Elements of Criticism..
Charles Ingham, in Skinner Row, 1772 - Criticism
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accent action admit agreeable alfo appears arrangement arts beauty becauſe beginning better building capital caufe circumftance common compofition confidered connected effect elevation emotions epic equal example expreffed expreffion fame feel fenfe feparation fhall fhort figure fimile fingle firft fome force former ftill fubject fuch fyllables garden give greater hand hath Hence human idea imagination imitation impreffion introduced kind language latter lefs light lively manner means melody mentioned mind mufic muft muſt nature neceffary never Note obfervation object ornaments paffion pain particular paufe pauſe perception perfect perfon period pleaſure poem principal produce pronounced proper proportion reader reafon refemblance refpect regular relation requires rhyme rule tafte termed thefe theſe things thofe thou thought tion tragedy uniformity variety verfe whole words writers
Page 200 - Many a time and oft Have you climb'd up to walls and battlements, To towers and windows, yea, to chimney-tops, Your infants in your arms, and there have sat The livelong day, with patient expectation, To see great POmpey pass the streets of Rome...
Page 191 - Why, well; Never so truly happy, my good Cromwell. I know myself now; and I feel within me A peace above all earthly dignities, A still and quiet conscience.
Page 143 - With deafning clamours in the slippery clouds, That, with the hurly," death itself awakes ? Can'st thou, O partial sleep ! give thy repose To the wet sea-boy in an hour so rude ; And in the calmest and most stillest night, With all appliances and means to boot, Deny it to a king? Then, happy low, lie down ! Uneasy lies the head that wears a crown.
Page 221 - A dungeon horrible, on all sides round, As one great furnace flamed; yet from those flames No light; but rather darkness visible Served only to discover sights of woe, Regions of sorrow, doleful shades, where peace And rest can never dwell, hope never comes That comes to all, but torture without end Still urges, and a fiery deluge, fed With ever-burning sulphur unconsumed.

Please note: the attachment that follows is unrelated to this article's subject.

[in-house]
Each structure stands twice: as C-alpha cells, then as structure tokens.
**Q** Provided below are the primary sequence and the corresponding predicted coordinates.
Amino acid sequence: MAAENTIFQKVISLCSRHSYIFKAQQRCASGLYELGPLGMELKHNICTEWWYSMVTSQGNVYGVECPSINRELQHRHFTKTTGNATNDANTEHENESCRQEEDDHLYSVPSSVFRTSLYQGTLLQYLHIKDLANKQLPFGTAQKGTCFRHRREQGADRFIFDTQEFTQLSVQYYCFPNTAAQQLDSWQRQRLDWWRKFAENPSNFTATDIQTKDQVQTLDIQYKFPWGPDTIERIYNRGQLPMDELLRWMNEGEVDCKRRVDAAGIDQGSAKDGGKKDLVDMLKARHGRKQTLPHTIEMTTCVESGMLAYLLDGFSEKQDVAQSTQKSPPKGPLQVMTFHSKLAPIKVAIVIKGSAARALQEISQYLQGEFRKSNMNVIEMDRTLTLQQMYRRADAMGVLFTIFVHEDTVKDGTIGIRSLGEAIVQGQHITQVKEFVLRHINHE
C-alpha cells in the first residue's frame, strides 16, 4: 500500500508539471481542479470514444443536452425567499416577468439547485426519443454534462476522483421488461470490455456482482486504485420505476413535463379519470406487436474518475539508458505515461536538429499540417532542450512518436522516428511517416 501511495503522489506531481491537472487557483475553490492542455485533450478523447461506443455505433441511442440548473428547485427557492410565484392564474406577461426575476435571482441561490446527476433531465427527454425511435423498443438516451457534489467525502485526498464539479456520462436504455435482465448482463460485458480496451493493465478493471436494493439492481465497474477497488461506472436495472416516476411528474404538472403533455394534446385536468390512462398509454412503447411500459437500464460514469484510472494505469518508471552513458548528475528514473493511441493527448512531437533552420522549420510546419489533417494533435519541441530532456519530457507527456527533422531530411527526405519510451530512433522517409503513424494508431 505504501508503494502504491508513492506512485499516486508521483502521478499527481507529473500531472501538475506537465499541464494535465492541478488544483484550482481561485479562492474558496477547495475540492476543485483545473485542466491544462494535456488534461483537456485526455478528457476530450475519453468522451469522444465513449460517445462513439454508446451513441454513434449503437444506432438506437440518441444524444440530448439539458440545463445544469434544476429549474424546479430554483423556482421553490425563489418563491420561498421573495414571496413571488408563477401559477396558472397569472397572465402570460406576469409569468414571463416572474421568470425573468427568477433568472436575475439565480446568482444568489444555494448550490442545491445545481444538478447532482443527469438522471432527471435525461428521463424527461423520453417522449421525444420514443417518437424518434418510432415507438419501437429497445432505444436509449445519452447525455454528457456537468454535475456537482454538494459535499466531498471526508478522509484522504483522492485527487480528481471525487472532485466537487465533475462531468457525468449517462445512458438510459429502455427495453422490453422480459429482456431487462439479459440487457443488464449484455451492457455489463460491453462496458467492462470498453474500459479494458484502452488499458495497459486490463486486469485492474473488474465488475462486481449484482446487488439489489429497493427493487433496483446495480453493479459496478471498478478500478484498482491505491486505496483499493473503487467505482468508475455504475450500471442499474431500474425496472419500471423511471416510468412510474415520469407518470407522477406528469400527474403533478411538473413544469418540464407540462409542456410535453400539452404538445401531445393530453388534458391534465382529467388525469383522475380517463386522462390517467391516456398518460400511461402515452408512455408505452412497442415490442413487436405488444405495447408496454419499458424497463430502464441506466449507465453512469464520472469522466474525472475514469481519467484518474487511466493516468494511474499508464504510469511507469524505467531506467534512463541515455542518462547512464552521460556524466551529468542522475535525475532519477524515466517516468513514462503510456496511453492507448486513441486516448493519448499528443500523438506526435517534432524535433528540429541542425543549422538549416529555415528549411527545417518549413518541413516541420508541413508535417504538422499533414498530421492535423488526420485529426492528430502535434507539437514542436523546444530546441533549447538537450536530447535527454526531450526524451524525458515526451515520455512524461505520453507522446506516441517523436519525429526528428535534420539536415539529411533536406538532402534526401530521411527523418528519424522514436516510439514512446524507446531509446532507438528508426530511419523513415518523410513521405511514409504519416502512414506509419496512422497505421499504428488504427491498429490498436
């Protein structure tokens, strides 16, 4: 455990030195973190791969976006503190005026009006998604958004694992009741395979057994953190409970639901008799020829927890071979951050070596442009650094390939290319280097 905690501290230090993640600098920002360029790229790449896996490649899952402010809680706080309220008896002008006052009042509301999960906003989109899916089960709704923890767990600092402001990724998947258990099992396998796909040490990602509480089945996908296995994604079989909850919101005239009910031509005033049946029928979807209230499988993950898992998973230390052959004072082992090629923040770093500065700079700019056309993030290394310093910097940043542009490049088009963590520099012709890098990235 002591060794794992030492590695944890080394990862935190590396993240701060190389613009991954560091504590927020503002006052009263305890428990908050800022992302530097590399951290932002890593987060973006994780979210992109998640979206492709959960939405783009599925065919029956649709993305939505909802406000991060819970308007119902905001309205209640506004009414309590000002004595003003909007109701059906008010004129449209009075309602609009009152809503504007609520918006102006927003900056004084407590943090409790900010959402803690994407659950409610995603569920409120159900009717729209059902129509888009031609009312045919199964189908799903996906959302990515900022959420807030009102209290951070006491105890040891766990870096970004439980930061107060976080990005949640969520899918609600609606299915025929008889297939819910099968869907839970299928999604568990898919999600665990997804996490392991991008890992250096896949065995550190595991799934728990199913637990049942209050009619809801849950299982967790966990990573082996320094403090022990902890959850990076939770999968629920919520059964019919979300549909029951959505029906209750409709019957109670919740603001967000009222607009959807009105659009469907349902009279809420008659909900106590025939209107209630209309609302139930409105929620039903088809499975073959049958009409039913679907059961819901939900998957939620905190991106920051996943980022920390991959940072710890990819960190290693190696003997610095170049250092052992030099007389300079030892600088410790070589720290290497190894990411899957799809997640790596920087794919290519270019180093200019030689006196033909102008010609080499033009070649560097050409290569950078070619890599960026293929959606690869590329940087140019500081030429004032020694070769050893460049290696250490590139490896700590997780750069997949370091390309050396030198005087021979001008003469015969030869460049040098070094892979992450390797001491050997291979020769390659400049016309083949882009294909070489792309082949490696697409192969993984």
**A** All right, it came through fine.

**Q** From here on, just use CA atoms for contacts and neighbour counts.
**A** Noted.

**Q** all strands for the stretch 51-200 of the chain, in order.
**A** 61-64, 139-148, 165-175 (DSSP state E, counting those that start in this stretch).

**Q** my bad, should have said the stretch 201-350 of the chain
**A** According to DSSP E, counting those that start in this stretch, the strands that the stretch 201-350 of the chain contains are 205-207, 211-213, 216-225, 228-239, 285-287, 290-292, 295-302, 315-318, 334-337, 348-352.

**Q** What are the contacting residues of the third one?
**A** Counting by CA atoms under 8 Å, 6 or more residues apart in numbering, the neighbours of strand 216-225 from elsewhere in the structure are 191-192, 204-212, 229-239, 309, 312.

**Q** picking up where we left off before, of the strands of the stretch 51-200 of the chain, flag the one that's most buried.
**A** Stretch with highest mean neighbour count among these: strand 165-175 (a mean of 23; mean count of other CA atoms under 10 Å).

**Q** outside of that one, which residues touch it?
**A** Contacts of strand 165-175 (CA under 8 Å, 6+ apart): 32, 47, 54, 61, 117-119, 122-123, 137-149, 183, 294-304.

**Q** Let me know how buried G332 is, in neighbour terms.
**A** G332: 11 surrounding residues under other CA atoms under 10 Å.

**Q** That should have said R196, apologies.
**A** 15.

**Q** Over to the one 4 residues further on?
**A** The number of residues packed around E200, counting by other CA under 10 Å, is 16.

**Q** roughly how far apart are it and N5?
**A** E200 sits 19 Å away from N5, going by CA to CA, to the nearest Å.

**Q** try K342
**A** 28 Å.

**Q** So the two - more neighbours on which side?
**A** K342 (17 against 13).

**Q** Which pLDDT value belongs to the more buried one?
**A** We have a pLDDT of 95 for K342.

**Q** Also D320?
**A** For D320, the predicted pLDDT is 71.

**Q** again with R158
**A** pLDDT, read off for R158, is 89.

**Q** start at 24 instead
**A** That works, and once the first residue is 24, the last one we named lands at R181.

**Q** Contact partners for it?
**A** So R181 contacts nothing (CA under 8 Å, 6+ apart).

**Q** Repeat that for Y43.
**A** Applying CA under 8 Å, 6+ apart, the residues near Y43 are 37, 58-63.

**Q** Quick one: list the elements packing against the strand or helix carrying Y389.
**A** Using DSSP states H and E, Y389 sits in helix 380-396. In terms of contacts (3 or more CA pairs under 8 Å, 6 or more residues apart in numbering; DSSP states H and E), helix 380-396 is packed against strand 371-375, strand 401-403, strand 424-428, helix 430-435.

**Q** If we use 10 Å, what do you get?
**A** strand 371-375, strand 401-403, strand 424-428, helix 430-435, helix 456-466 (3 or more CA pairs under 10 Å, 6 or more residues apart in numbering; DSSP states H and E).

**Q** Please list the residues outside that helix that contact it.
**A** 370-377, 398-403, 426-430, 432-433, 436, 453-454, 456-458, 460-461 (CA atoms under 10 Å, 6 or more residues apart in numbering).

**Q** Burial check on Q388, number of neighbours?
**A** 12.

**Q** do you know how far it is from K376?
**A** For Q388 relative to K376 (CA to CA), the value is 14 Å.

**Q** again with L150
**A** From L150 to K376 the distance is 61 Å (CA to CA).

Page 142 - To monarchize, be fear'd and kill with looks, Infusing him with self and vain conceit, As if this flesh which walls about our life Were brass impregnable, and...
Page 142 - And hush'd with buzzing night-flies to thy slumber, Than in the perfum'd chambers of the great, Under the canopies of costly state, And lull'd with sounds of sweetest melody?
Page 167 - O navis, referent in mare te novi fluctus ! o quid agis ? fortiter occupa portum ! nonne vides ut nudum remigio latus et malus celeri saucius Africo 5 antennaeque gemant ac sine funibus vix durare carinae possint imperiosius aequor?
Page 142 - O gentle sleep, Nature's soft nurse, how have I frighted thee, That thou no more wilt weigh my eyelids down, And steep my senses in forgetfulness...
Page 204 - There are a sort of men whose visages Do cream and mantle like a standing pond, And do a wilful stillness entertain, With purpose to be dress'd in an opinion Of wisdom, gravity, profound conceit; As who should say, " I am Sir Oracle, And when I ope my lips let no dog bark...
Page 169 - What could have been done more to my vineyard, that I have not done in it ? wherefore, when I looked that it should bring forth grapes, brought it forth wild grapes...